show activity (+)
review 2018-05-10 12:51
Mr. Rosenblum Dreams in English by Natasha Solomons
Mr. Rosenblum Dreams in English - Natasha Solomons

1937: Jack and Sadie Rosenblum and their one year old daughter, Elizabeth, are just one family in a crowd of Jewish refugees who emigrate to England. Jack wants to embrace British culture but runs into some roadblocks, one being that over the course of 15 years in England he never quite loses his accent. Jack ponders changing his surname to something more English, but Sadie, proud of their Jewish roots, is against the idea.

 

Being denied access to all the country clubs he applies to, Jack gets the idea to start his own. He becomes obsessed with perfecting all the details of the club and golf course. Meanwhile, wife Sadie suffers social ridicule as the family is deemed "crazy".

 

Jack also finds British humor lost on him. He tries to read Wodenhouse's Jeeves & Wooster series but it turns him off from trying any more English Lit. A strain grows between Jack and Sadie as she continues to mourn the death of her brother and the loss of her old life in Germany. She tries to cope with hobbies like gardening and baking, but it's pretty much just an emotional Band-Aid.

 

There were blips of interest for me within the plot, moments of humor or a powerful line here and there but largely it struck me as a lot more dry and "meh" than I was expecting. That said though, something about this story made me think that with the right director and screenwriter, this could be translated into a fun little film.

 

* Funny Edit: Just saw on the author's Amazon profile that her author blurb says she's a screenwriter LOL

Like Reblog Comment
show activity (+)
review 2018-04-14 01:29
The Complete Maus (25th Anniversary Ed.) by Art Spiegelman | Holocaust Remembrance Week
The Complete Maus - Art Spiegelman

The Pulitzer Prize-winning Maus tells the story of Vladek Spiegelman, a Jewish survivor of Hitler’s Europe, and his son, a cartoonist coming to terms with his father’s story. Maus approaches the unspeakable through the diminutive. Its form, the cartoon (the Nazis are cats, the Jews mice), shocks us out of any lingering sense of familiarity and succeeds in “drawing us closer to the bleak heart of the Holocaust” (The New York Times).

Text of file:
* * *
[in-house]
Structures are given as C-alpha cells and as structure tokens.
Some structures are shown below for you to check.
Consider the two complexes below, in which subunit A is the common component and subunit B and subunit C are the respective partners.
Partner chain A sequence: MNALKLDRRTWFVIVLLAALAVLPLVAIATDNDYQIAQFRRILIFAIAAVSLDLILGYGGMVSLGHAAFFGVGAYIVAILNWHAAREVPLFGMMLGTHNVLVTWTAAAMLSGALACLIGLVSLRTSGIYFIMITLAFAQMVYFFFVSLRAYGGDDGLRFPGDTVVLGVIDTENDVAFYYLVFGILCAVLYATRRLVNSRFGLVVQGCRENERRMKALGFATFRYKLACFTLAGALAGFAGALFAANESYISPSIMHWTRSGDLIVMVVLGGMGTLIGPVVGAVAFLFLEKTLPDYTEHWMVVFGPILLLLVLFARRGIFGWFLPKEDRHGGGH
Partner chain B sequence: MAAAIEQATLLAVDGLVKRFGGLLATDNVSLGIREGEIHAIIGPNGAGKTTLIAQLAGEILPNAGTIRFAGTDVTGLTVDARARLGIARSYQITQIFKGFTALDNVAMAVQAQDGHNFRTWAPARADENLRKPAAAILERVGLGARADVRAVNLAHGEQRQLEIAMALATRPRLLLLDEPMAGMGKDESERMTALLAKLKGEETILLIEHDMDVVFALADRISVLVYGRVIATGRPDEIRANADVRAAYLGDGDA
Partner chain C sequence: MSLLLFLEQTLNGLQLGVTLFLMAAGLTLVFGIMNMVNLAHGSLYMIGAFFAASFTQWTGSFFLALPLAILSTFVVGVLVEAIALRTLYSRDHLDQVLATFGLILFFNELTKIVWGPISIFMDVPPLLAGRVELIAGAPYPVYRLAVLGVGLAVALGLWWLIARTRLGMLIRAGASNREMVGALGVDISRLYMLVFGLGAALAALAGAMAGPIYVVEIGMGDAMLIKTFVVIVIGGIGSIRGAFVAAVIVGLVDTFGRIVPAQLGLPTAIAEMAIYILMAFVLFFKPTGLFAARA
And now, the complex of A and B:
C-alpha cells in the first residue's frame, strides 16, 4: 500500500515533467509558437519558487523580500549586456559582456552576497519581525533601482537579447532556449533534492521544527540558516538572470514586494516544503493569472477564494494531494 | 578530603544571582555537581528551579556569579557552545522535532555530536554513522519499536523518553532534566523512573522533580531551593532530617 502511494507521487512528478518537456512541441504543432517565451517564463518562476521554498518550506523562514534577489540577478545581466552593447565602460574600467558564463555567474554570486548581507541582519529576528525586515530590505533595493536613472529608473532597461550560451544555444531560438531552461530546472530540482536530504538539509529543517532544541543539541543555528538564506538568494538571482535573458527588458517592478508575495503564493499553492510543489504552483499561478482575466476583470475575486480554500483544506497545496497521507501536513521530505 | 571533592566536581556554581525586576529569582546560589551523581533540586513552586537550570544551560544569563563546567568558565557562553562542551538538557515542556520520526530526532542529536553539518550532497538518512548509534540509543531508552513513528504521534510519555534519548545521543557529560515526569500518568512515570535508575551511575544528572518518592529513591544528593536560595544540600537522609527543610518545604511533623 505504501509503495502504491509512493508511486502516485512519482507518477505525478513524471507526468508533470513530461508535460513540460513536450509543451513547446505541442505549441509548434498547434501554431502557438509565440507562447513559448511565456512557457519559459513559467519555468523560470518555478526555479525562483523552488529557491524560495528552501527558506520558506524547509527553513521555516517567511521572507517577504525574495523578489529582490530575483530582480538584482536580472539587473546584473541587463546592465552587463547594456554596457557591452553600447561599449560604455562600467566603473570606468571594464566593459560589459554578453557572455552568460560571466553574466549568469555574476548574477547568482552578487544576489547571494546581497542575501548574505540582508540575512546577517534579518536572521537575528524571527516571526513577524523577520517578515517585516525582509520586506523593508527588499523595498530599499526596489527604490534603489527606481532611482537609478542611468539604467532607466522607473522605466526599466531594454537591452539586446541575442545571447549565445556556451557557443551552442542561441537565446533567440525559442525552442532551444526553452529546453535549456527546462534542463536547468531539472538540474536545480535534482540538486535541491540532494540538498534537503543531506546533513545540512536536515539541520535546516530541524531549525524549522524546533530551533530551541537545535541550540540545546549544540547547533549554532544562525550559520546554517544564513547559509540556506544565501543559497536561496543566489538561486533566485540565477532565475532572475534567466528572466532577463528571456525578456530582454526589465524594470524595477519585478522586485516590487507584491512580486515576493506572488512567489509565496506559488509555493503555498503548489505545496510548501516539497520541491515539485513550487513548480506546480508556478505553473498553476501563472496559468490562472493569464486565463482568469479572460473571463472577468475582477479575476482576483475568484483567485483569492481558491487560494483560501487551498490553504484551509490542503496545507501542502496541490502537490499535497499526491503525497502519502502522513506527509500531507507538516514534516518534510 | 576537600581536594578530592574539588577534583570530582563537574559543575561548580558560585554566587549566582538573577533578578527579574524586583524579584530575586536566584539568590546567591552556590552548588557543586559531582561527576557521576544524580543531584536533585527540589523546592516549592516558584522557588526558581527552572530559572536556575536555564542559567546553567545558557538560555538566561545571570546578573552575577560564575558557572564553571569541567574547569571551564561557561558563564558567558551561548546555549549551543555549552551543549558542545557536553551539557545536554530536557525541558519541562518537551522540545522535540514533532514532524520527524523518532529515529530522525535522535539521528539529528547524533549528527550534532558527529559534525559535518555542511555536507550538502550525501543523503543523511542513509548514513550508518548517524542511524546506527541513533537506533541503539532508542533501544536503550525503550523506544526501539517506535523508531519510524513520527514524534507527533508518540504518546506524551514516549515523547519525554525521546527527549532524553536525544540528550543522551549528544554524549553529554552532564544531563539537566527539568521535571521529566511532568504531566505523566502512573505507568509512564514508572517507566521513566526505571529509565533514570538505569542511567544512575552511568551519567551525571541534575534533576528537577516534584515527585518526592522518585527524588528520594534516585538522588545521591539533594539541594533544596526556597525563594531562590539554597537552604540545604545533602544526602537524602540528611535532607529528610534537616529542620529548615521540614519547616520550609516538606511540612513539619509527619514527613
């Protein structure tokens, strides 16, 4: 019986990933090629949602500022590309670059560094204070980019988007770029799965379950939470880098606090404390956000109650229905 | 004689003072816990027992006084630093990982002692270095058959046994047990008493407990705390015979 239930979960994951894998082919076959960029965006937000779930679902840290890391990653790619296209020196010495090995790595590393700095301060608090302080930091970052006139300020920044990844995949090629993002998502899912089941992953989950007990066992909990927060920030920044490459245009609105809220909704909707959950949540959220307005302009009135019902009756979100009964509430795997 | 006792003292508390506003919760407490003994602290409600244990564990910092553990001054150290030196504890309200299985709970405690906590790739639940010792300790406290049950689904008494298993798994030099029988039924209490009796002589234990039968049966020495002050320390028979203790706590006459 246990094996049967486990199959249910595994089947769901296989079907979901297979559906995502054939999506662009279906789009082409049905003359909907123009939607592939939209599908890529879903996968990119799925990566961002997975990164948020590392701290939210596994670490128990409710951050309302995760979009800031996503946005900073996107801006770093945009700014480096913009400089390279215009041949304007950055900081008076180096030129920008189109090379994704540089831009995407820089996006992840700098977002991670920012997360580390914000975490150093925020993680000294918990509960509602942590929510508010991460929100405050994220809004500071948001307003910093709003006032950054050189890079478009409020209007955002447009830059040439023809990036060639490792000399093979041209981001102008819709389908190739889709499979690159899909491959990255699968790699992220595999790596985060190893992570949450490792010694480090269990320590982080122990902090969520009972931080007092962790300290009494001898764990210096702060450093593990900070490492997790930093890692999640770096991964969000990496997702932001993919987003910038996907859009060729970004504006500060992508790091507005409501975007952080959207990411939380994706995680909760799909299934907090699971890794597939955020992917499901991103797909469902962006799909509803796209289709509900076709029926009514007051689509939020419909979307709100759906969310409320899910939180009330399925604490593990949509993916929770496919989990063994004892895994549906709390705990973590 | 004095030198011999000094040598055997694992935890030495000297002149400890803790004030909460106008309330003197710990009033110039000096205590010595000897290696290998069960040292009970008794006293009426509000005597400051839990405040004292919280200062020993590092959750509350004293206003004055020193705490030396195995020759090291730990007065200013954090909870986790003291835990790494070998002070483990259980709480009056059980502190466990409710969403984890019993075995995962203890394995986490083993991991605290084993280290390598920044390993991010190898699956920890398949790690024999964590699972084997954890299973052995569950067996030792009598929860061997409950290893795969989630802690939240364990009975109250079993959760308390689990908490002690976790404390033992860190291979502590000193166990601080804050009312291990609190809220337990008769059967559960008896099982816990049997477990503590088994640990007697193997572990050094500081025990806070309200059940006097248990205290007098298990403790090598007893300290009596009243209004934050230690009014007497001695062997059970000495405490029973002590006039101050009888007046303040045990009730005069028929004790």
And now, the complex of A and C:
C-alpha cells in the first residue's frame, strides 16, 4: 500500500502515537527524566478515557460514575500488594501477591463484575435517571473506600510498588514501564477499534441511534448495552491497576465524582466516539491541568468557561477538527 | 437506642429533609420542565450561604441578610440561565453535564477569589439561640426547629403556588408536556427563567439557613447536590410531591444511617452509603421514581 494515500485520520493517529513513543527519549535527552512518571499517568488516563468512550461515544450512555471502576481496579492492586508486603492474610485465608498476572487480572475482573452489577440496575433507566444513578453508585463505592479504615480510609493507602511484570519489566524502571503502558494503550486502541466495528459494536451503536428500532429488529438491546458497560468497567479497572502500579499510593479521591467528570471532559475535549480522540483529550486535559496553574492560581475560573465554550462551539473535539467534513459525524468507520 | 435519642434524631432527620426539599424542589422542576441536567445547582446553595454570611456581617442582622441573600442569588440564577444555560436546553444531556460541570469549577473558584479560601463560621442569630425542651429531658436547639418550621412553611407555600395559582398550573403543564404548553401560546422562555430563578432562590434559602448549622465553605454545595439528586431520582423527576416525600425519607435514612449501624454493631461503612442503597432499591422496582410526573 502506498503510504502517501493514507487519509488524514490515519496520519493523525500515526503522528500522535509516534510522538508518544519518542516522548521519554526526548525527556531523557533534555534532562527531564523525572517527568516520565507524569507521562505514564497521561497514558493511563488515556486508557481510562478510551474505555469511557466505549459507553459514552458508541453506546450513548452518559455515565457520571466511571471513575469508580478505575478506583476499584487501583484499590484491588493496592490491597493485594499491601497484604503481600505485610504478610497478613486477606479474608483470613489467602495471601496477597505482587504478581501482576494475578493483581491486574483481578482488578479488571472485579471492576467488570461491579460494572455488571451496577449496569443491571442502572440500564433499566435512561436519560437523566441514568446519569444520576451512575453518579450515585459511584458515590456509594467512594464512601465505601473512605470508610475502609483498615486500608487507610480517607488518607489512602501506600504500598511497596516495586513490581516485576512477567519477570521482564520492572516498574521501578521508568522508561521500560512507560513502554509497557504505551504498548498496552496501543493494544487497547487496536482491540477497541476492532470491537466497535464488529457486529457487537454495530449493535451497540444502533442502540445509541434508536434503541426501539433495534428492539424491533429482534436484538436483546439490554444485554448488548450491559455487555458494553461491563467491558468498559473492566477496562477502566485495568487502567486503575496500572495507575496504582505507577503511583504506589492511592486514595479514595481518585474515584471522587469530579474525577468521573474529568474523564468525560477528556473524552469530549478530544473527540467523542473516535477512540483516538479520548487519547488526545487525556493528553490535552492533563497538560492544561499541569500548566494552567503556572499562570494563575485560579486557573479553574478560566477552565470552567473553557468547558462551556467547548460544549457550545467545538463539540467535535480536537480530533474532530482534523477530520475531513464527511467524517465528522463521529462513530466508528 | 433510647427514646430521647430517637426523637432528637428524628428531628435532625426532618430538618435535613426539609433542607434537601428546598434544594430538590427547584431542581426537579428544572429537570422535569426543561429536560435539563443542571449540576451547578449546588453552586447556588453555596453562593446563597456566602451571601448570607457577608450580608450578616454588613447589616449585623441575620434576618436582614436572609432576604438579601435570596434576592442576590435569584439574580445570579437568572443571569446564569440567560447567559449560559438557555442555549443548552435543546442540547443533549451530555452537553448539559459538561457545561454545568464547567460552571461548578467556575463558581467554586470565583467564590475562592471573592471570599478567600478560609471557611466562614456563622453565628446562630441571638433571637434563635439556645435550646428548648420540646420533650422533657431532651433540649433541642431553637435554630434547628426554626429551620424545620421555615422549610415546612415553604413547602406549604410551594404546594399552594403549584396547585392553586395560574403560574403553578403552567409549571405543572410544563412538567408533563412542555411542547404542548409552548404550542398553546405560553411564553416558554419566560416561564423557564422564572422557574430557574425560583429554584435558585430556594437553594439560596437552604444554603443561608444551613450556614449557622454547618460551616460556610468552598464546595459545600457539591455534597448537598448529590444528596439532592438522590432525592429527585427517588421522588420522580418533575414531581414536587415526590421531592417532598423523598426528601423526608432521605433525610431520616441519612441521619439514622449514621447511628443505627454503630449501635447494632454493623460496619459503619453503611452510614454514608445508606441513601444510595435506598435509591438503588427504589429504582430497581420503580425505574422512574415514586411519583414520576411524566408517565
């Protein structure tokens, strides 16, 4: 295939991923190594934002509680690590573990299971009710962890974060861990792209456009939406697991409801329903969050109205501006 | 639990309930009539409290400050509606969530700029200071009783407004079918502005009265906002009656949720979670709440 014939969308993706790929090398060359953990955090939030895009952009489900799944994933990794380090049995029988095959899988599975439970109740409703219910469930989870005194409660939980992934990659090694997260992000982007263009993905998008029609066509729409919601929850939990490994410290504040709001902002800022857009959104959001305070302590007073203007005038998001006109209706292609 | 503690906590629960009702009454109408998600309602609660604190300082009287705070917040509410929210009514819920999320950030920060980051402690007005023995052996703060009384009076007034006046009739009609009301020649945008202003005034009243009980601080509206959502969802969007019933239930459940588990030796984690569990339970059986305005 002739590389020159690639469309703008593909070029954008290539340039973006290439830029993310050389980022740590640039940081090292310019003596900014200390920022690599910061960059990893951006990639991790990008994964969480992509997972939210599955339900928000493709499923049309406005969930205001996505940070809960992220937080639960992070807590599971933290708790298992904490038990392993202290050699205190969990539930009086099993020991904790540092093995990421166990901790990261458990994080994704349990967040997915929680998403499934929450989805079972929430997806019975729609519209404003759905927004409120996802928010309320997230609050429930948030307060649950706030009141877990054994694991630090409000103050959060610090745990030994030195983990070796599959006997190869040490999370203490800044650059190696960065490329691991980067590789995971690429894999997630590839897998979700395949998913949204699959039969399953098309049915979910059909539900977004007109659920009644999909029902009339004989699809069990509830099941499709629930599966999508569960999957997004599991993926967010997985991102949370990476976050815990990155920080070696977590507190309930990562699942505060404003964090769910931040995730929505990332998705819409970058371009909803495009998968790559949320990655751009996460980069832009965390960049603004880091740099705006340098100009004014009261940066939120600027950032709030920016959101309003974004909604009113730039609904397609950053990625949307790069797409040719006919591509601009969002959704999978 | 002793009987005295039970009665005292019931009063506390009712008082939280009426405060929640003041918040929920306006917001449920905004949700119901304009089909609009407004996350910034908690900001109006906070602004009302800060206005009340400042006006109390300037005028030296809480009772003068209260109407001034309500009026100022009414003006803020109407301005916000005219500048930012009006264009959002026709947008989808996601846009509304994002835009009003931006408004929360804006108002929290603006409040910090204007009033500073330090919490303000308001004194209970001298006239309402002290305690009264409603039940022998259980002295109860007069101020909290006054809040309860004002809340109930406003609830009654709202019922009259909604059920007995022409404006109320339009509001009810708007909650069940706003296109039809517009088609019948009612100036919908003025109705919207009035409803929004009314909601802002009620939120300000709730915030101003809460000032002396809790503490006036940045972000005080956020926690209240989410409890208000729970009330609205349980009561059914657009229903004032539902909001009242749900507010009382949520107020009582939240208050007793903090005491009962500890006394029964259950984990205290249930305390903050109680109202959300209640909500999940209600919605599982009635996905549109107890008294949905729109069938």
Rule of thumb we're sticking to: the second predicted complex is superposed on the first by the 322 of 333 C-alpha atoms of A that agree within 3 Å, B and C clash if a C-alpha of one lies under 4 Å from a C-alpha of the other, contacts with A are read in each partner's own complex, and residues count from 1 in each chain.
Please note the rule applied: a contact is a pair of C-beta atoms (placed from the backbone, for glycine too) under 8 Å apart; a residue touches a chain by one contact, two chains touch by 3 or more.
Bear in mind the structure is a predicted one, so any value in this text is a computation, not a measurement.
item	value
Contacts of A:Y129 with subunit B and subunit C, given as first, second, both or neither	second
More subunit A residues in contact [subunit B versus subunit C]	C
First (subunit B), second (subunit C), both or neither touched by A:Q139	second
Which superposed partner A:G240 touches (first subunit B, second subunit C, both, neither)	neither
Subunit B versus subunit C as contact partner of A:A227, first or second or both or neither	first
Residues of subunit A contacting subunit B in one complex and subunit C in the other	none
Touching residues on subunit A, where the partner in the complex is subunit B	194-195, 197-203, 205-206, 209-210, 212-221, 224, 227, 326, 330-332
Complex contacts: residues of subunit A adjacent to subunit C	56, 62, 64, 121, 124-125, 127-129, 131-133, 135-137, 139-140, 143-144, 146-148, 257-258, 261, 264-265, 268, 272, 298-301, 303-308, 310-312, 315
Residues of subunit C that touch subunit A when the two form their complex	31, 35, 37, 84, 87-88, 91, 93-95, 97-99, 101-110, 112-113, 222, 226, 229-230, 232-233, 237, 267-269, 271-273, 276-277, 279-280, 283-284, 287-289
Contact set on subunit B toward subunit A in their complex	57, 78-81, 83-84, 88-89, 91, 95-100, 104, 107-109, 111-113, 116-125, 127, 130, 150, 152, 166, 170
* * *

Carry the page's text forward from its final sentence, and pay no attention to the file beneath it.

Maus is a haunting tale within a tale. Vladek’s harrowing story of survival is woven into the author’s account of his tortured relationship with his aging father. Against the backdrop of guilt brought by survival, they stage a normal life of small arguments and unhappy visits. This astonishing retelling of our century’s grisliest news is a story of survival, not only of Vladek but of the children who survive even the survivors. Maus studies the bloody pawprints of history and tracks its meaning for all of us.

Amazon.com

 

 

 

Inspired by the Holocaust experience of his own parents, cartoonist Art Spiegelman writes and illustrates this Pulitzer Prize wining story of a grown son, also a cartoonist (yes, this one is in the meta / semi-autobio style) who sits down with his father, Vladek  Spiegelman, to record Vladek's story with the intent to publish it. Perhaps to soften some of the more violent aspects of Vladek's story, the tale is told anthropomorphically-- Nazi soldiers are portrayed as big, burly cats, Jewish prisoners are mice, and one African-American man is illustrated as a black dog. 

 

 

Vladek starts with the story of meeting his wife, Anja, and their years together as newlyweds prior to the war. In 1938, Anja develops post-partum depression and is taken to a sanitarium in Czechoslovakia where she experiences, for the first time, full-force anti-Semitism. From there, the war story of Anja and Vladek only gets more painful. Even Anja's millionaire parents couldn't buy her safety. Once captured, Vladek explains that he was able to get some leniency with the Germans because even though his family was Polish, he could speak and write in German, so the Nazis found him useful. 

 

This special anniversary edition features the entire story, Vols 1 & 2, together in one book. As I mentioned before, the story does dip in and out of meta style storytelling. Towards the middle of the book, there is a kind of mini-comic insert where author Art Spiegelman tells the real life tragic story of his own mother's suicide. This book as a whole is not for the faint of heart. There are illustrations of mice with nooses around their necks, descriptions of children being picked up by their legs and swung into brick walls to stop them from crying / screaming (the noise giving away the location of those in hiding). Near the end of Vol. 2 there is also pretty detailed description of the interiors of the gas chambers. This edition also features one color map (the rest of the book is done in black and white) that shows the full layout of the Auschwitz camp.